|University of Missouri-Columbia||30,844||23||29|
|The University of Texas at San Antonio||30,768||20||25|
|Virginia Commonwealth University||30,675||21||27|
|University at Buffalo||30,648||24||28|
|Washington State University||30,614||20||26|
|University of Illinois at Chicago||30,539||20||26|
|University of Nevada-Las Vegas||30,471||19||24|
|University of Massachusetts-Amherst||30,340||26||31|
|Florida Atlantic University||30,208||21||26|
|University of North Carolina at Chapel Hill||29,911||28||33|
|Indiana University-Purdue University-Indianapolis||29,791||19||26|
|San Francisco State University||29,758||18||24|
|University of Kentucky||29,465||22||28|
|Georgia Institute of Technology-Main Campus||29,376||30||34|
|Ohio University-Main Campus||29,369||22||26|
|University of North Carolina at Charlotte||29,317||22||26|
|East Carolina University||29,131||20||24|
|Kent State University at Kent||28,972||21||25|
|University of Pittsburgh-Pittsburgh Campus||28,642||27||32|
|California State University-Los Angeles||28,531||15||20|
|University of Oklahoma-Norman Campus||28,527||23||29|
|West Virginia University||28,406||21||27|
|The University of Tennessee-Knoxville||28,321||24||30|
|The University of Texas Rio Grande Valley||27,809||17||22|
|Utah State University||27,679||21||27|
|The University of Texas at Dallas||27,642||26||32|
|University of Kansas||27,625||23||28|
|University of Connecticut||27,578||26||31|
|University of Arkansas||27,558||23||29|
|Wayne State University||27,064||21||28|
|Portland State University||26,693||19||25|
|University of New Mexico-Main Campus||26,221||19||25|
|University of Nebraska-Lincoln||26,079||22||29|
|California State Polytechnic University-Pomona||26,053||20||27|
|Stony Brook University||25,989||26||31|
|California State University-Fresno||25,325||16||22|
|Oklahoma State University-Main Campus||25,295||22||28|
|The University of Texas at El Paso||25,078||16||22|
|University of California-Santa Barbara||25,057||28||33|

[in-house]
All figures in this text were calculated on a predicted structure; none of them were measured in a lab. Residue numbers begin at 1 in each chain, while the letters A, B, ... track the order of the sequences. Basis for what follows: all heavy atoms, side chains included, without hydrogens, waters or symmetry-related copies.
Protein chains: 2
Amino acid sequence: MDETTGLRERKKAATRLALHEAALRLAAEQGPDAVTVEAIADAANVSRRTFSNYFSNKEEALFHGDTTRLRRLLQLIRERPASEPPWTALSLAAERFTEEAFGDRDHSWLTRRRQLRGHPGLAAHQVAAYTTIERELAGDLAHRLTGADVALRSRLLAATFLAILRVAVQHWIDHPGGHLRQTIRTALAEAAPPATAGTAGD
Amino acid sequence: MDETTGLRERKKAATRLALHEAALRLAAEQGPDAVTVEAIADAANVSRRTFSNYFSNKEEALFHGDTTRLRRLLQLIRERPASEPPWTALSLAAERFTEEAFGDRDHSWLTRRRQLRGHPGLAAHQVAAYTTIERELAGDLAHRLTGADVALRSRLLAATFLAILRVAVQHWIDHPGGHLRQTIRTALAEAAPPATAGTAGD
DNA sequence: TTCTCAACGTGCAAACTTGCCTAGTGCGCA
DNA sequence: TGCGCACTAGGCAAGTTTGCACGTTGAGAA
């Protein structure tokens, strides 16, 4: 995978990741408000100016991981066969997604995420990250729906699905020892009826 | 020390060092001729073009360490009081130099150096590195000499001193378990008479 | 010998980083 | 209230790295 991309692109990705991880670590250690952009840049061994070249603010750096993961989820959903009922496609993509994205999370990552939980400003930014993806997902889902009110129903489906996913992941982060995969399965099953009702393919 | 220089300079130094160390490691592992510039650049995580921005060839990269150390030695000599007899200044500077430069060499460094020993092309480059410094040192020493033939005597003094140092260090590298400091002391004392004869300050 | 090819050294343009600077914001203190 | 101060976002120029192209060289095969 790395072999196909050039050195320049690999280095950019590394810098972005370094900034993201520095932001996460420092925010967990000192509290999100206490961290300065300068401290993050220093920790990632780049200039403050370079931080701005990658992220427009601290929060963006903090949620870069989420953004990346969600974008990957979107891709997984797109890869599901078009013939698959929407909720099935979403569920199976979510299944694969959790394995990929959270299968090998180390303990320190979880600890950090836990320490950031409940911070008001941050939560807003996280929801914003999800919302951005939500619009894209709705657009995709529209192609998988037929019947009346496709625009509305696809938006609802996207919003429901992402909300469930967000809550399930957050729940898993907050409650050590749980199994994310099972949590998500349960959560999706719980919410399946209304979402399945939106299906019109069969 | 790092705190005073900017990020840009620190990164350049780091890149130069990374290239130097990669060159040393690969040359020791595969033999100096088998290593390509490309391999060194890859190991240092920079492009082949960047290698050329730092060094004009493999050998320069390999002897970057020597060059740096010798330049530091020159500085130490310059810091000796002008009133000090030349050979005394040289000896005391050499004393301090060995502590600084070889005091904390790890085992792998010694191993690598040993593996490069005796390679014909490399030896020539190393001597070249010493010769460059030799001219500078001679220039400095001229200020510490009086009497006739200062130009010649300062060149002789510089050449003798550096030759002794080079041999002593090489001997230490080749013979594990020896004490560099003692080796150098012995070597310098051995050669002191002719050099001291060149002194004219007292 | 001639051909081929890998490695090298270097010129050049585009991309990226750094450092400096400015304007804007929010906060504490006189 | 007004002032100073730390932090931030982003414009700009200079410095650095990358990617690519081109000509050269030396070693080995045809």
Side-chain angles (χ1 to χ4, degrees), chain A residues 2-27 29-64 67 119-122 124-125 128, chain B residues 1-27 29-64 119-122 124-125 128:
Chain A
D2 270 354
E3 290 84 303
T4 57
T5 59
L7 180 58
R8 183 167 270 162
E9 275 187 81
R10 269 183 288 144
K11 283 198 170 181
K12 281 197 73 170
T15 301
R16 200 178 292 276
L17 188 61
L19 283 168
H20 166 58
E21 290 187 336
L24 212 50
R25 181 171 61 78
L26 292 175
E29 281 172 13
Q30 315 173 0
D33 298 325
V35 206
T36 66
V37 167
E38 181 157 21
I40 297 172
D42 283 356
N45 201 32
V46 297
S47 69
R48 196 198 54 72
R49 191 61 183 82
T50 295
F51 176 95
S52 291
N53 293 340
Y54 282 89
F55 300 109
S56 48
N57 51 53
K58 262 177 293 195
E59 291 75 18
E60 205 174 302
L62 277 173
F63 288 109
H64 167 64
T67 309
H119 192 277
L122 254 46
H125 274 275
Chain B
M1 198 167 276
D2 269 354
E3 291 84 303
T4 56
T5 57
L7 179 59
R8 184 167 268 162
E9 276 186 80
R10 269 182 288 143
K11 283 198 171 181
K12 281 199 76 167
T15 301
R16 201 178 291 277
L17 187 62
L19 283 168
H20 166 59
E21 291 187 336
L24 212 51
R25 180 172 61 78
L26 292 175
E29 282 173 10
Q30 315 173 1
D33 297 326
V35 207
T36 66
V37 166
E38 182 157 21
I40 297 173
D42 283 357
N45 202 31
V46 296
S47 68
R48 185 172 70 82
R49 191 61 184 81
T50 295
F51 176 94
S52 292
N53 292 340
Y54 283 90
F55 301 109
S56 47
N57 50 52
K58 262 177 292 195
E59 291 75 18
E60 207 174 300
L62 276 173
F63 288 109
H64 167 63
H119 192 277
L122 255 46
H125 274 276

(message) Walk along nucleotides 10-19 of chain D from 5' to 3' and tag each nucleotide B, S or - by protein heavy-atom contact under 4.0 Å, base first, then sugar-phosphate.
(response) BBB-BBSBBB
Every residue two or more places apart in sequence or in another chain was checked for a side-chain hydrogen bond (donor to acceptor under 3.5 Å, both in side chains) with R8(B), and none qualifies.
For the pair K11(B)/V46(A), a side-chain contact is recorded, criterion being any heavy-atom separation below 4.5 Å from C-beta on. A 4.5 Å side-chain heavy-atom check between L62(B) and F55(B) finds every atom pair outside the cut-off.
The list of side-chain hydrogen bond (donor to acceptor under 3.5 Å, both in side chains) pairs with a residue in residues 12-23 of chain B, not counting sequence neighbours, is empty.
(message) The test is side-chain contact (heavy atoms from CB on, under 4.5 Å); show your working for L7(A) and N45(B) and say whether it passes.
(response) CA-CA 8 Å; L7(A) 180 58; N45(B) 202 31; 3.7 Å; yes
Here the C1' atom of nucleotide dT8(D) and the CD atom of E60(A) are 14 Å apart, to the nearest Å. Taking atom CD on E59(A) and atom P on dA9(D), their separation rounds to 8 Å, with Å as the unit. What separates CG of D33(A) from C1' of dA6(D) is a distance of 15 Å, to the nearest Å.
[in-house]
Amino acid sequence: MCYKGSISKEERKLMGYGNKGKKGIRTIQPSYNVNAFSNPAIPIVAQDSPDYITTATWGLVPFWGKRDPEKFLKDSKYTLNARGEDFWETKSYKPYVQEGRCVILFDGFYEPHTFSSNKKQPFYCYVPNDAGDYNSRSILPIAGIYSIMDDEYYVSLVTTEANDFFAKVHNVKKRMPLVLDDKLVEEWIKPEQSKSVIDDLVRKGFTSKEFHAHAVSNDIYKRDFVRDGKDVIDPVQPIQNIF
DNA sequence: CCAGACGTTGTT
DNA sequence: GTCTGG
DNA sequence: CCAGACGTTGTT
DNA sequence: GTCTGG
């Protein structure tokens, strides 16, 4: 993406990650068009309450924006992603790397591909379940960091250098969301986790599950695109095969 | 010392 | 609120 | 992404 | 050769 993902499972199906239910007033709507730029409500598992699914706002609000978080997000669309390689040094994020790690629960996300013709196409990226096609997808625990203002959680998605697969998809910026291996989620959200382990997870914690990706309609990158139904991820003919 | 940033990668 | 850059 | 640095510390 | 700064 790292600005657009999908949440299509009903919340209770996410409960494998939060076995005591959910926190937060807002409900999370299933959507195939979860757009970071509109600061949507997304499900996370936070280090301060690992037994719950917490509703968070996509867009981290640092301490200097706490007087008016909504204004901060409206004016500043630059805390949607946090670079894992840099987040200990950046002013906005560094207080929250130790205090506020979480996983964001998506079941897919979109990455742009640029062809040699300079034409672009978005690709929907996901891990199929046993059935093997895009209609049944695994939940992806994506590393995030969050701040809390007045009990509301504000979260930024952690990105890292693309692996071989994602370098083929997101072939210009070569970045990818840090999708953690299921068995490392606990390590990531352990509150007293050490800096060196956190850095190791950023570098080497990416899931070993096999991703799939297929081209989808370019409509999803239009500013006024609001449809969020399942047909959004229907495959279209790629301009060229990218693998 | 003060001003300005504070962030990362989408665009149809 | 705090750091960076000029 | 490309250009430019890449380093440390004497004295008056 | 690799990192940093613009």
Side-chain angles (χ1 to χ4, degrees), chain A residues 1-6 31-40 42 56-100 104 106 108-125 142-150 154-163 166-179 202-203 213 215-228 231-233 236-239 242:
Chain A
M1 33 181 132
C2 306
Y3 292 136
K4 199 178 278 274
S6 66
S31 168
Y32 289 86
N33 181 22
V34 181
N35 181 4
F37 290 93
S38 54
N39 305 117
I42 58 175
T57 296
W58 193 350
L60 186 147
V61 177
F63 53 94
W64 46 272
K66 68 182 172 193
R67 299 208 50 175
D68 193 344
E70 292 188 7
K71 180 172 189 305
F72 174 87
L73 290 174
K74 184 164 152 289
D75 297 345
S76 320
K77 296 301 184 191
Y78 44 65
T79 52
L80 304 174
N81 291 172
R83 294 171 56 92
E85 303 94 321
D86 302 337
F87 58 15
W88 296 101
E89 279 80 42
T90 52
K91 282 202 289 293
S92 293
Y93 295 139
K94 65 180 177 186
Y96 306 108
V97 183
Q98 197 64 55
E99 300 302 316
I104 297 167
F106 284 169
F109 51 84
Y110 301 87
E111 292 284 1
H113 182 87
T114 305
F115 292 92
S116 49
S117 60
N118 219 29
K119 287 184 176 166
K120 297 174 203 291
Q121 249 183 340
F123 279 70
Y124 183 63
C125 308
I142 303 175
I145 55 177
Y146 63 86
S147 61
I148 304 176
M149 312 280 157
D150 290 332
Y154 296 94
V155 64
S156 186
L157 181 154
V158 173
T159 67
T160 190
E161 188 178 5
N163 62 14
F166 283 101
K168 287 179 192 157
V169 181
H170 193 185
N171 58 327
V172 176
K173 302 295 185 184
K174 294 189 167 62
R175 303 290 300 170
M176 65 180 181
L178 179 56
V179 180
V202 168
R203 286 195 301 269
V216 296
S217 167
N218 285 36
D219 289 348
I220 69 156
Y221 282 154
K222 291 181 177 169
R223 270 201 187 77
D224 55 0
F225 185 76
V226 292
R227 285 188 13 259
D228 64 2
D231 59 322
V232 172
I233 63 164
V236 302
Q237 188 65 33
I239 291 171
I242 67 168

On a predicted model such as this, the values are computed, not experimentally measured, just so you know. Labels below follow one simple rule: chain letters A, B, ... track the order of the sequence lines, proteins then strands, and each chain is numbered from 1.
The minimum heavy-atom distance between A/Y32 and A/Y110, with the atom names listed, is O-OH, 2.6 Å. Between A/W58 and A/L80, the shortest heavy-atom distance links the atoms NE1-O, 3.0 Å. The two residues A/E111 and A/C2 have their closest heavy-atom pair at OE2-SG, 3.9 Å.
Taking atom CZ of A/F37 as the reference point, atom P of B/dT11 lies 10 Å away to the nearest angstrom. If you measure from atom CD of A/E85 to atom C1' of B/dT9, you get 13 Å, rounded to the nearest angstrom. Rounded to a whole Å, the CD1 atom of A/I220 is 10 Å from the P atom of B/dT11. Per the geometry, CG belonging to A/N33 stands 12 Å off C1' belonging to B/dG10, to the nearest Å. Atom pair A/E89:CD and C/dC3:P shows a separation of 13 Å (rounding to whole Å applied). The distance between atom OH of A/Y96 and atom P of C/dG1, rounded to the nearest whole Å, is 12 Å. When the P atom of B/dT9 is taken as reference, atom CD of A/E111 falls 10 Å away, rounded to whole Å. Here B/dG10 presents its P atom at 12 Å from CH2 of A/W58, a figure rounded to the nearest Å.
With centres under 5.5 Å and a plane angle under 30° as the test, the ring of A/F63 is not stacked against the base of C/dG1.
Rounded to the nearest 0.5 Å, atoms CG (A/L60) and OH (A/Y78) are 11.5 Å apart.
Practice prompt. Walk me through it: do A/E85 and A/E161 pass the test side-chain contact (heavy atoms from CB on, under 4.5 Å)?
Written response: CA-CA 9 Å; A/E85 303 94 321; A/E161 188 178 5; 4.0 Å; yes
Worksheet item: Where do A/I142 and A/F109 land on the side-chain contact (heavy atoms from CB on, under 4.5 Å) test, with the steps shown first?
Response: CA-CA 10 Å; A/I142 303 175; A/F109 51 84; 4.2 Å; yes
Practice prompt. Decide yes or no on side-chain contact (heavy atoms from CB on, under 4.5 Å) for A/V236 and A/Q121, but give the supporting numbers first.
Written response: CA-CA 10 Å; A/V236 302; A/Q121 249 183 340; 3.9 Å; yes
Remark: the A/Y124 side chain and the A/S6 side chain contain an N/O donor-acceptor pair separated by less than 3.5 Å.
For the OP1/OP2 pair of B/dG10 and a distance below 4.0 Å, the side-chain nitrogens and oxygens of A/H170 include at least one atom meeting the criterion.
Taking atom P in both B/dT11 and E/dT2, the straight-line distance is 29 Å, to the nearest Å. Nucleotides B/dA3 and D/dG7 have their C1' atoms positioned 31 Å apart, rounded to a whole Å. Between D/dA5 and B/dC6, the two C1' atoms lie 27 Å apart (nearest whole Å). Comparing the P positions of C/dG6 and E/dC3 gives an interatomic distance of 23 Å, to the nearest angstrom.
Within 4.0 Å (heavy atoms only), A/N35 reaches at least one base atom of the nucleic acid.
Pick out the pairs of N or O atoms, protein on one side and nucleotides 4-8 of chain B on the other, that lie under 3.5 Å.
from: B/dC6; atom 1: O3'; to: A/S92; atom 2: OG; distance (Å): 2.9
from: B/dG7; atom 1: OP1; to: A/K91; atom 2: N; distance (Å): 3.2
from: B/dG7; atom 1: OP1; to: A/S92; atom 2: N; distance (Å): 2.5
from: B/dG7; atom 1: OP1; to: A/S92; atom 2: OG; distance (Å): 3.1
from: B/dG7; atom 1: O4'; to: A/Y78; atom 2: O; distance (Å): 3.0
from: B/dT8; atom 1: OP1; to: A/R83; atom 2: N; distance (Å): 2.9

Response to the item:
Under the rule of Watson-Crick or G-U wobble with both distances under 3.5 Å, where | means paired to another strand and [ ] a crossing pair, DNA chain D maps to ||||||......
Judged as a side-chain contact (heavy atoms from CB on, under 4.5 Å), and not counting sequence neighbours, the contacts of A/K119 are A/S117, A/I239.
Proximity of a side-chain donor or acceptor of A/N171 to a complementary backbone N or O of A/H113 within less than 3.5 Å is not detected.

|Grand Valley State University||25,049||21||26|
|University of Wisconsin-Milwaukee||24,988||20||25|
|University of Colorado Denver/Anschutz Medical Campus||24,839||21||27|
|Old Dominion University||24,375||18||25|
|University of Virginia-Main Campus||24,360||29||33|
|Boise State University||24,121||21||26|
|University of Delaware||23,774||25||29|
|Missouri State University-Springfield||23,697||21||26|
|Average ACT Score of Top 100 Public Universities||22.9||28.4|
ACT Scores of 100 Private Universities
Review ACT scores of 100 private universities. We have listed the 25th and 75th percentile ACT scores for each school.
|Institution name||Enrollment||ACT Composite 25th Percentile||ACT Composite 75th Percentile|
|Brigham Young University-Idaho||51,881||20||25|
|New York University||51,123||29||33|
|University of Southern California||45,687||30||34|
|Brigham Young University-Provo||34,334||27||32|
|Columbia University in the City of New York||30,454||31||34|
|George Washington University||27,973||29||32|
|University of Pennsylvania||25,367||32||35|
|Johns Hopkins University||25,151||33||35|
|St John's University-New York||21,340||22||29|
|Nova Southeastern University||20,793||23||28|
|University of Miami||17,003||28||32|
|Loyola University Chicago||16,673||24||29|
|Rochester Institute of Technology||16,584||26||32|
|University of Chicago||16,227||32||35|
|Washington University in St Louis||15,303||32||34|
|Saint Louis University||14,581||25||31|
|Carnegie Mellon University||13,869||32||35|
|Savannah College of Art and Design||13,163||21||27|
|Saint Leo University||13,099||20||25|
|Pace University-New York||12,986||21||27|
|University of Notre Dame||12,467||32||34|
|Tulane University of Louisiana||12,384||30||33|
|Case Western Reserve University||11,824||30||33|
|Southern Methodist University||11,789||28||32|
|University of Rochester||11,648||29||33|
|Massachusetts Institute of Technology||11,466||33||35|
|University of Denver||11,434||25||30|
|University of San Francisco||11,063||22||28|
|University of Dayton||10,882||24||29|
|Texas Christian University||10,489||25||30|
|The New School||10,389||24||28|
|University of the Cumberlands||10,097||19||25|
|California Baptist University||9,941||19||25|
|Azusa Pacific University||9,926||21||27|
|University of St Thomas||9,878||24||29|
|Seton Hall University||9,801||24||28|
|Loyola Marymount University||9,618||26||31|
|University of San Diego||8,905||26||30|
|The University of Tampa||8,895||22||27|
|Santa Clara University||8,629||28||32|
|University of the Incarnate Word||8,603||17||23|
|University of New England||8,281||21||26|
|University of La Verne||8,159||19||25|
|Saint Joseph's University||8,085||23||28|
|Indiana Institute of Technology||7,871||17||23|
|Fairleigh Dickinson University-Metropolitan Campus||7,846||20||25|
|Maryville University of Saint Louis||7,689||21||27|
|Rensselaer Polytechnic Institute||7,592||28||32|
|New York Institute of Technology||7,403||21||27|
|Illinois Institute of Technology||7,164||25||31|
|University of New Haven||6,984||21||27|
|Average ACT Scores of Top 100 Private Universities||25.4||29.9|